The sexual assault allegations against Brett Kavanaugh fit a specific profile.
At a prep school in the Midwest about 15 years ago, a freshman on the school’s football team was introduced to a disturbing locker room hazing ritual. After a practice one day, the player was sitting on a bench in the locker room and felt a light tap on his shoulder. He turned his head to discover a senior was standing behind him nude and holding his penis against the freshman’s shoulder. The freshman jerked his shoulder down and quickly stood up, finding not only the senior but the entire rest of the team watching him.
“Did you see what that faggot tried to do?” the senior asked the crowd behind him, then told the freshman: “Don’t be such a pussy.” Embarrassed and confused, the freshman did not respond. He quickly gathered his stuff and rushed away.
The freshman feared being further humiliated and teased at school the next day. Much to his surprise, no one — not on the team or outside the team — brought up the incident. This silence left him confused and feeling alone. After a few days, staying quiet about what happened became too intense, and he finally told his mother his story.
When the incident came out in the open, the community erupted. Though a few teachers demanded that the senior be punished, the vast majority of students, teachers, and families characterized the incident as “a joke” or “just boys being boys.” The blame eventually was placed on the freshman for making a big deal out of what was widely considered nothing and for going against the social norm of keeping incidents like this under wraps.
The senior ultimately faced no consequences for his actions. His victim, however, ended up moving to another school to escape the ridicule he endured for speaking up.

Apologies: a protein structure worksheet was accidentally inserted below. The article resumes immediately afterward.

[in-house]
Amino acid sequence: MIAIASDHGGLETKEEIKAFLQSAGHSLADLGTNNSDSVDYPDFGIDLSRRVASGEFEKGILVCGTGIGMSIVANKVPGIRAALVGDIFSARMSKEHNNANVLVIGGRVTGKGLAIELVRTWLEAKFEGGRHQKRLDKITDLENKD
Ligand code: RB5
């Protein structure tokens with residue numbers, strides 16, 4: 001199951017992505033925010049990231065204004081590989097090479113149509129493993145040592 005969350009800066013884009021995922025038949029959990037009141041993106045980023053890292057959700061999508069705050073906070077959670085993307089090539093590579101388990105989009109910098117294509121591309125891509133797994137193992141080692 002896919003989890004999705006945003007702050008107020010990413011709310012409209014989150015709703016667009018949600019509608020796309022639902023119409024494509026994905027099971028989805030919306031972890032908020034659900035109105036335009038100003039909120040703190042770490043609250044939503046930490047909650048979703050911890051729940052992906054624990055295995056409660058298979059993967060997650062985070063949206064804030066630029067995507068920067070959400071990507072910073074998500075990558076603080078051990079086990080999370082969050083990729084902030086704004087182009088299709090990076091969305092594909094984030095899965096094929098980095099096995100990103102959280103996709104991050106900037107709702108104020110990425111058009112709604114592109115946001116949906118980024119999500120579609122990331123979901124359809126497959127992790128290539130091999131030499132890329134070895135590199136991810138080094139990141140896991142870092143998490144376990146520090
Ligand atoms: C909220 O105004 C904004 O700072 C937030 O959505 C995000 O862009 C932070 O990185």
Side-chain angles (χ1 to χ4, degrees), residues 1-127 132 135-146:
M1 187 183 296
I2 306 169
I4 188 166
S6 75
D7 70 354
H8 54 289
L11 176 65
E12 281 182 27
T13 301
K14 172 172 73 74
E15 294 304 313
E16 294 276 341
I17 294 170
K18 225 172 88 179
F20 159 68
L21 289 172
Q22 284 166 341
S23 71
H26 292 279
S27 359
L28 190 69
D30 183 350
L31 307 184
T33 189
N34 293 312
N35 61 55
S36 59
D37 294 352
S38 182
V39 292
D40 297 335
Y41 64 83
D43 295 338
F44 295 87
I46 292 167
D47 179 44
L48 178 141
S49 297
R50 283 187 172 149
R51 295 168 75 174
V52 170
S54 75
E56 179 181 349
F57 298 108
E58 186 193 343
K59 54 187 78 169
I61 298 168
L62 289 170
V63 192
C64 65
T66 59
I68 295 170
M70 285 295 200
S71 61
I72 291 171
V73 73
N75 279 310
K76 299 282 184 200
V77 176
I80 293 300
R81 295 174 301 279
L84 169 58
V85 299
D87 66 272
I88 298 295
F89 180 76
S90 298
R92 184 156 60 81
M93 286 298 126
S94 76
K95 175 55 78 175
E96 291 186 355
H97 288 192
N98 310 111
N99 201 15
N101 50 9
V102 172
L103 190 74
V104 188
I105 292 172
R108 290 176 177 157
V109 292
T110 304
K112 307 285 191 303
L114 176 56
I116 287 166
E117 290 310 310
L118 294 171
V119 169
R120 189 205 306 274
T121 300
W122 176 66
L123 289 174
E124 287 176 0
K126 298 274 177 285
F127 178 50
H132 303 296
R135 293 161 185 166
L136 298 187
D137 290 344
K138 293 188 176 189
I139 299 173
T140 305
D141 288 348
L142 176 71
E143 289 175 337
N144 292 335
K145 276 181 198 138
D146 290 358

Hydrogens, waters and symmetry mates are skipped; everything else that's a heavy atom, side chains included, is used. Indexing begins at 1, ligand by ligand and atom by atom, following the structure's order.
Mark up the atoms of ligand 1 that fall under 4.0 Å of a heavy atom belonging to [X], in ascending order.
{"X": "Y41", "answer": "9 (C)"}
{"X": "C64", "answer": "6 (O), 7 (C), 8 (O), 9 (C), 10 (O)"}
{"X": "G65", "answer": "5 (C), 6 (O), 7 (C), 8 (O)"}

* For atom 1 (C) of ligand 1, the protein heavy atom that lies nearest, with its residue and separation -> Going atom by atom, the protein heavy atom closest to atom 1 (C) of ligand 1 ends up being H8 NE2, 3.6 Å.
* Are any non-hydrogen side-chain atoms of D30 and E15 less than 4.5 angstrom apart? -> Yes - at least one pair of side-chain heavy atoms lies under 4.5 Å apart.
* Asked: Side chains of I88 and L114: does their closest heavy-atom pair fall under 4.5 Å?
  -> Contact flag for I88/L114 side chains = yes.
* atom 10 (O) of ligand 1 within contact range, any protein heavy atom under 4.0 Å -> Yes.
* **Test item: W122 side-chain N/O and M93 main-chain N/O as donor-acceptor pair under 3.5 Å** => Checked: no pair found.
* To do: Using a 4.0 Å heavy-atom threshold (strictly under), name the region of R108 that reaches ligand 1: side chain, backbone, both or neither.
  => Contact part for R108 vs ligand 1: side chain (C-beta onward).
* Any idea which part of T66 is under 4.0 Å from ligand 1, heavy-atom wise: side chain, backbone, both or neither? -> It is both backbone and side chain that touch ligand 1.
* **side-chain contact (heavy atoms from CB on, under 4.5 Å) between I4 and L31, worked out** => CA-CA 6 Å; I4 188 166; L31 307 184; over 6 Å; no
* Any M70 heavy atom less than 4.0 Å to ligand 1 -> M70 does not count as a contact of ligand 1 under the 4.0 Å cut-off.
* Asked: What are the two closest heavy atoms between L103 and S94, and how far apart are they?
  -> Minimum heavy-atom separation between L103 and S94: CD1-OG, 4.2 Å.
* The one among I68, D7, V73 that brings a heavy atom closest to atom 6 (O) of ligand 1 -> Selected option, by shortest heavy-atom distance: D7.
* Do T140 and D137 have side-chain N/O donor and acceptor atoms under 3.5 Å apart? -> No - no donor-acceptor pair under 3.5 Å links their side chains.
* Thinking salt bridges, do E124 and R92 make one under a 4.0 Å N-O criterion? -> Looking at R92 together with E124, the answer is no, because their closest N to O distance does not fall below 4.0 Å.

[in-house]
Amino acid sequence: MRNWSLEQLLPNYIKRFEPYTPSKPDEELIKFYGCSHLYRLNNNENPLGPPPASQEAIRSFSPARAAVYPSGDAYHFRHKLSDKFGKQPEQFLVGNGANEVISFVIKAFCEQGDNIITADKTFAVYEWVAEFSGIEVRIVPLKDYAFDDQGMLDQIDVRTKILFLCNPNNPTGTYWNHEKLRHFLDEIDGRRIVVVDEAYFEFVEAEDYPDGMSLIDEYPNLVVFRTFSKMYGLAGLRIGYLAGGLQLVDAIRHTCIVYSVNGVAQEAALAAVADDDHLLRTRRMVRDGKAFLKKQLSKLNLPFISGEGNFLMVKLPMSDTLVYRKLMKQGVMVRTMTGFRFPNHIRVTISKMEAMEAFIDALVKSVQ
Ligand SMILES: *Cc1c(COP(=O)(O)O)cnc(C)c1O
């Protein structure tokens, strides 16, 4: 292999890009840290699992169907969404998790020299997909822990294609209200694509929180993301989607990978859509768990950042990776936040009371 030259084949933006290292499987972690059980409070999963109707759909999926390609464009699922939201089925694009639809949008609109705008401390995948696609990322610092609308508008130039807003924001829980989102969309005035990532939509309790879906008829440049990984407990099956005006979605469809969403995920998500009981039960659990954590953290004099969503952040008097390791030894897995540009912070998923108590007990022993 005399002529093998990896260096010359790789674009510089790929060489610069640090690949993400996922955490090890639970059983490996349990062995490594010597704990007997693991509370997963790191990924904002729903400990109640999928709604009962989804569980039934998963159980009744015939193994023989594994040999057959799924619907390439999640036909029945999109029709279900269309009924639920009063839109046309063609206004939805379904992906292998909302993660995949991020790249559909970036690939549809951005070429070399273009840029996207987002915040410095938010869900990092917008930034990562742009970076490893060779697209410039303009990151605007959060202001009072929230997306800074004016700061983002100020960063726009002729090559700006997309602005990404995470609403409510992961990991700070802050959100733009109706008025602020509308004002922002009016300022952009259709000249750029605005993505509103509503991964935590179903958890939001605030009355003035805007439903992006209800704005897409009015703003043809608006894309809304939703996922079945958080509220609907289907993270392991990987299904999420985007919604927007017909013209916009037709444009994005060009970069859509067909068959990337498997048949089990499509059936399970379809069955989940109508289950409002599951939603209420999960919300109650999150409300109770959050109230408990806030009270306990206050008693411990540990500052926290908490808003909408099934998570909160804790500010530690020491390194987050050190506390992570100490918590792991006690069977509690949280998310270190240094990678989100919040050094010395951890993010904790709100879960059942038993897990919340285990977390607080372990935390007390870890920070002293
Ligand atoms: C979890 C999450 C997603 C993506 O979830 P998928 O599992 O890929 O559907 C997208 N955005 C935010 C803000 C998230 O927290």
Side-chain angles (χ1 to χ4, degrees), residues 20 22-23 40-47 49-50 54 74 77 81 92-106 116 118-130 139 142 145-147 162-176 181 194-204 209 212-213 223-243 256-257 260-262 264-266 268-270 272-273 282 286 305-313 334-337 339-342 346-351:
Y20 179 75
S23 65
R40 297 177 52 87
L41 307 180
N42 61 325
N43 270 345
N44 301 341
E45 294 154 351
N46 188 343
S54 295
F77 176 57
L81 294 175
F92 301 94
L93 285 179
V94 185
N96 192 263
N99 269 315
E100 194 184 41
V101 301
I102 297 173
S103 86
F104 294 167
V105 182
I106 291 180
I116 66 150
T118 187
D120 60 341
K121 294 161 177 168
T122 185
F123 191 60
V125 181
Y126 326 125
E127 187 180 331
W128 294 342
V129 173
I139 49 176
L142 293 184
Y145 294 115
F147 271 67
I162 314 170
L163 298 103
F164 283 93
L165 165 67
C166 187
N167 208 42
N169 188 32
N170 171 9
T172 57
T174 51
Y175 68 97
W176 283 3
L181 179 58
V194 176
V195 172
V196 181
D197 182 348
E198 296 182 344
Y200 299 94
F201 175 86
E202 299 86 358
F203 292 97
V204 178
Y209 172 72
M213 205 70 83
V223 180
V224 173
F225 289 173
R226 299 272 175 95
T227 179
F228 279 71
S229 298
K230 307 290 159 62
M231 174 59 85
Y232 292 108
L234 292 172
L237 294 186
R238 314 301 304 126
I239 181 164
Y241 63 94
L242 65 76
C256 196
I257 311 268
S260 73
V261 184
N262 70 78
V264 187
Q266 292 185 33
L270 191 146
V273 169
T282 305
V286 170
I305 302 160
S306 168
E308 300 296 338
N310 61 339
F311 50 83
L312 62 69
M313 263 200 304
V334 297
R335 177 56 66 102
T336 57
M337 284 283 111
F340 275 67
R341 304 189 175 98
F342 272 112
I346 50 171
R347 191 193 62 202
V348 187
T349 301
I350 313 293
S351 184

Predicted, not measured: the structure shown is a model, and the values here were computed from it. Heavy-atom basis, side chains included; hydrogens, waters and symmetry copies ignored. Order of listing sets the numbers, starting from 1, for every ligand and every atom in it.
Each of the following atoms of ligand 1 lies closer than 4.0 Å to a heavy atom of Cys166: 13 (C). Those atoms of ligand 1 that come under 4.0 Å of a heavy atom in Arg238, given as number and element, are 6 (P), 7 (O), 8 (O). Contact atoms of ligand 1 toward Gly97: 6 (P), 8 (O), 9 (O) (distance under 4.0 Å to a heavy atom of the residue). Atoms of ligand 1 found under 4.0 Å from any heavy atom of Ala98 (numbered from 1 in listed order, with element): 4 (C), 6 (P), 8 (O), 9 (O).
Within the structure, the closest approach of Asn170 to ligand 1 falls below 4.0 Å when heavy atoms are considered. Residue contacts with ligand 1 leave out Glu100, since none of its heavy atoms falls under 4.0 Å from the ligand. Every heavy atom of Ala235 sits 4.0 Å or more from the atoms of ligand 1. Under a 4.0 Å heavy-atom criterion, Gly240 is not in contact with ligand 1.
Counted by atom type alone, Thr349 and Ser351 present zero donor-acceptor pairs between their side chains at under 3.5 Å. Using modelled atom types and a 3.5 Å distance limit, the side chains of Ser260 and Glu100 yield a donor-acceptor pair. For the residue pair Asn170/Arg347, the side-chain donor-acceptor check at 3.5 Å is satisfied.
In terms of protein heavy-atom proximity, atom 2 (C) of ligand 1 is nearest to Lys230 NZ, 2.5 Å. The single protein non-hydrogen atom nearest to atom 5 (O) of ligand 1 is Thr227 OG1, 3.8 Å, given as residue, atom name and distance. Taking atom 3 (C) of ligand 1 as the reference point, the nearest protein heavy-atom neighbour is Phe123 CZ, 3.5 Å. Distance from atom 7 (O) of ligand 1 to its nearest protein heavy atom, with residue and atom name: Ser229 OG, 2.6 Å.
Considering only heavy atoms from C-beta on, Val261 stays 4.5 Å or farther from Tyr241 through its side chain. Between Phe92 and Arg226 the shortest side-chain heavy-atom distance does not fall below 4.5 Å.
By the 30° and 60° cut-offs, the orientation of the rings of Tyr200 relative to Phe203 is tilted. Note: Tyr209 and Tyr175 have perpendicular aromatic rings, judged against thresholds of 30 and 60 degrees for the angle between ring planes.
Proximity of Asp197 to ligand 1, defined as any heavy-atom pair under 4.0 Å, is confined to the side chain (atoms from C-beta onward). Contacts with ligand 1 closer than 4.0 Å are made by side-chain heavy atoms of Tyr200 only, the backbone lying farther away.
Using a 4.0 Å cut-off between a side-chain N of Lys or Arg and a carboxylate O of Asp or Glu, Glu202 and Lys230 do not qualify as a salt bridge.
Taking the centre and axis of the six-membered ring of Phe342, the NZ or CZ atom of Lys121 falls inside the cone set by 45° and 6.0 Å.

This was just one incident I uncovered in my 20 years researching elite high schools and universities. Throughout my interviews, I’ve heard stories like this too often. I started my research journey to answer questions I had about the culture of elite schools as a private school teacher.
Growing up in poverty in rural Kentucky, I found myself in an unfamiliar world. I used ethnography — extensive interviews and observations in several schools in the Midwest and Northeast — to make sense of this world. Since then, I continue to explore what lifelong lessons students learn through the culture of these schools.
This month, the larger public has gained insight into this private, elite world through the confirmation hearing of Supreme Court nominee Brett M. Kavanaugh. Kavanaugh’s integrity has been thrown into question by an allegation of sexual assault that occurred when Kavanaugh was a student at Georgetown Prep, an elite private high school in Maryland. Christine Blasey Ford, a former student at another Maryland private school and now a psychology professor, accused him of pinning her to a bed and covering her mouth to prevent her from screaming during a party when she was 15 years old.
A second allegation against Kavanaugh has surfaced from a Yale classmate who claims that Kavanaugh exposed himself and thrust his penis in her face during their first year at the university. A third person has come forward alleging that Kavanaugh was one of a group of boys who were present at parties where multiple women were “gang raped,” including herself, while in high school. Kavanaugh has denied all the allegations.
The details of incidents like this, where abusive behavior is systemically kept quiet, vary, but they similarly bring to the surface the lessons that privileged students are indoctrinated with at a young age. These lessons are conduits of power, facilitating ways of knowing and doing that preserve and protect a culture of hyper-masculinity, elitism, and entitlement.
Elite schools encourage a culture of perfectionism and silence
The culture of elite schools encourages sexual assaults and humiliation as well as covering them up. As Kavanaugh put it himself during a speech three years ago at Catholic University’s Columbus School of Law, “what happens at Georgetown Prep stays at Georgetown Prep.”
Once the allegations were made public, his classmates and others who defended him characterized what happened in similar ways that I’ve heard as a researcher. In protecting this culture and all that is deeply entrenched in it, they dismissed his actions with the same tiring adage “boys will be boys.” The subtext of such messages is clear: We shouldn’t be talking about their actions or the toxic culture that facilitates such actions. Silence is demanded yet again.